MoneySense Magazine, April 2011
Airline seat secrets revealed
Which seats are worth paying extra for? Which should be avoided at all costs? Here is a quick guide to the best and worst seats on your next overseas flight.
This article was first published in the April 2011 issue of MoneySense.
Back in the glory days of commercial air service savvy travellers realized that they could get a ton of extra legroom by arriving early and sweet-talking their way to an emergency exit seat. Those were the days. The airlines soon realized that such preferred seats have value and now we have to pay extra for every extra inch we get.
Most airlines are now charging an additional $40 to $60 to book a preferred seat in economy class on a transatlantic flight, so the stakes are higher. Luckily, there are now websites such as SeatGuru.com and SeatExpert.com to ensure that you’ll never have to make your seating decision alone. Each site has tons of useful information on the drawbacks and benefits of every seat on the plane. You just have to enter the details of the aircraft you’re booked on, or in many cases, just the airline and flight number.
Even those flying in first or business class can find useful tips, as it turns out there are bad seats even in the best classes. That’s because there’s a pecking order to first class seat selection, with the top choices going to paying customers, and the remaining seats allocated to frequent flyers and airline employees. You could pay top dollar (or spend more points) and find you have no overhead storage, no view, or your flight is marred by unpleasant sounds and smells.
If you want to make your next red-eye as pleasant as it possibly can be, grab your flight info and let’s take a tour of the best and worst in airline seating.
Avoid the last row
The seats in the last row of each seat class have limited (or no) recline and the proximity to the toilets can be bothersome.
Armrest vs. legroom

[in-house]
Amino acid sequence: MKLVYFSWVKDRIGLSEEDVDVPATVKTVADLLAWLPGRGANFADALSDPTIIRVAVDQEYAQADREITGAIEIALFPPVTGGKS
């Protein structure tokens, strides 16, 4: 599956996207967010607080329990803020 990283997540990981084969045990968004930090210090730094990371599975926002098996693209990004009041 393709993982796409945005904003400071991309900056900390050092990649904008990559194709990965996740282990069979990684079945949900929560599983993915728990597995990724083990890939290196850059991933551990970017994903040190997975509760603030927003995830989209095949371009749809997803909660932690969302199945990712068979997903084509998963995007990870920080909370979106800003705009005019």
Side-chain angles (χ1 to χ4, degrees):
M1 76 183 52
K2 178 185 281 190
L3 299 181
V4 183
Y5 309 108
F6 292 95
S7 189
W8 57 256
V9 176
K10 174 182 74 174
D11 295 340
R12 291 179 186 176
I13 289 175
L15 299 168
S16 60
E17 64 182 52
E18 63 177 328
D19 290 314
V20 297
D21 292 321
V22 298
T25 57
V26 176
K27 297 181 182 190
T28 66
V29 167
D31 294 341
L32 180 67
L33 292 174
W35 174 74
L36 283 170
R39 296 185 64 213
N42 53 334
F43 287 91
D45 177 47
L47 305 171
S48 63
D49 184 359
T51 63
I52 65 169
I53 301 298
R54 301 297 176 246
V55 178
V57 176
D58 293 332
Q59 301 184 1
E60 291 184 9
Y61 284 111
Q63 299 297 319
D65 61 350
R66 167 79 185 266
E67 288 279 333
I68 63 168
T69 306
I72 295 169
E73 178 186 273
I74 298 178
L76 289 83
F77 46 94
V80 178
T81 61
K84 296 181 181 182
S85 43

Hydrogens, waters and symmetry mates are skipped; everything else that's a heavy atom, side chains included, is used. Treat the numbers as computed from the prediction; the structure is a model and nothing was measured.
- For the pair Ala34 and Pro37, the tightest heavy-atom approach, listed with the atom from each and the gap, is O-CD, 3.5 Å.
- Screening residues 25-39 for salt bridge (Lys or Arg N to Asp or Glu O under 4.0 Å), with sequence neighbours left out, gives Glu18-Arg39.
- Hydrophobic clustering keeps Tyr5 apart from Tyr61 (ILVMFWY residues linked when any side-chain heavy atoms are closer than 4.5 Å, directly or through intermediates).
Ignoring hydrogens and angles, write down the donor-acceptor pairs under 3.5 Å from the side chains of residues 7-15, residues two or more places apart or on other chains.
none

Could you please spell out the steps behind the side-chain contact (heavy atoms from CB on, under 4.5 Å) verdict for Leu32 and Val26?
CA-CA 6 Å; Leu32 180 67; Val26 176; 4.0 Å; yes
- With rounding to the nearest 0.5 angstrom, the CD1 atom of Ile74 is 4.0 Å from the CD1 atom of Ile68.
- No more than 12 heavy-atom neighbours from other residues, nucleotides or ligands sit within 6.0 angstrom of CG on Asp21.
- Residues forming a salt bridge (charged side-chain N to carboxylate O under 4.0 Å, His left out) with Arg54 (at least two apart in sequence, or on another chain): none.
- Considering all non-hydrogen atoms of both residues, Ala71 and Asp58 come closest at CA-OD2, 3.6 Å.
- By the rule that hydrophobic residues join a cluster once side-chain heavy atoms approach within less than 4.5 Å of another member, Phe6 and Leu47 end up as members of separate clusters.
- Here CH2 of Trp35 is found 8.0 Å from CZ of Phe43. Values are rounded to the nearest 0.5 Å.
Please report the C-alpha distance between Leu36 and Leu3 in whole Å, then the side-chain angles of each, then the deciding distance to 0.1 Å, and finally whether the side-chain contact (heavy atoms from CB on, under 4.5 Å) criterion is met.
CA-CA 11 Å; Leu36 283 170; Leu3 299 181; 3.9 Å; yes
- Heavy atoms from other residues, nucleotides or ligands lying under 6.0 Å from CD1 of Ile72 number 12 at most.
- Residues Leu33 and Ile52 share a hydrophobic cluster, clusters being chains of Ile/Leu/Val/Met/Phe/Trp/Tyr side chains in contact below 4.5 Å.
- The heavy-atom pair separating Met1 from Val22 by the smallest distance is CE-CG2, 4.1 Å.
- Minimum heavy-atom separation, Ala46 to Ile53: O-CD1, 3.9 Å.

You paid for the seat with extra legroom in the emergency aisle, but did you know that you may get stuck with in-flight entertainment screens that fold out of immovable armrests?
If you’re catching a red-eye you may want a window seat so you can rest your head. For overnight flights avoid seats too close to the toilet or galleys as they’re extra noisy.
Vacant seat strategy
If you’re a couple and you’re flying on a plane with a three-seat row, then take a chance and select the two outside seats leaving the middle seat vacant. This middle seat is the least popular and hardest to fill on any airline, so you could end up with a row to yourselves. But, if you want to take advantage of this strategy, you’ll have to book separate reservations. That’s because airlines will automatically allocate adjacent seats to people booked on the same reservation.
Avoid seat kicking
If you absolutely detest having the back of your seat kicked, then the last row may be perfect for you. You could also try the row immediately in front of the over-wing emergency exit, where the distance to the seat behind is large enough to minimize seat kicking.
Not all seats are equal
Exit rows and bulkhead seats are not all the same. Some offer less legroom, or no overhead storage.
Do you have cold feet?
Do your feet freeze every time you fly? Then avoid the emergency aisle seats. The area around these seats is always colder because of the proximity to the emergency exit.
Avoid the bumps
Aisle seats at the end of a row jut out and run the risk of getting bumped and jostled by the snack cart whenever it goes by.
To minimize motion sickness get seats close to the pilot’s cabin at the front of the plane. While the entire plane will experience turbulence to some degree, the rear of the plane tends to get more of the side-to-side movement, which aggravates motion sickness. The further forward you are, the less motion you’ll experience.
The most desirable seats, and the seats you’ll pay a premium for, are usually located in exit rows. Other desirable seats are window seats near the front of the plane.
MoneySense Magazine, April 2011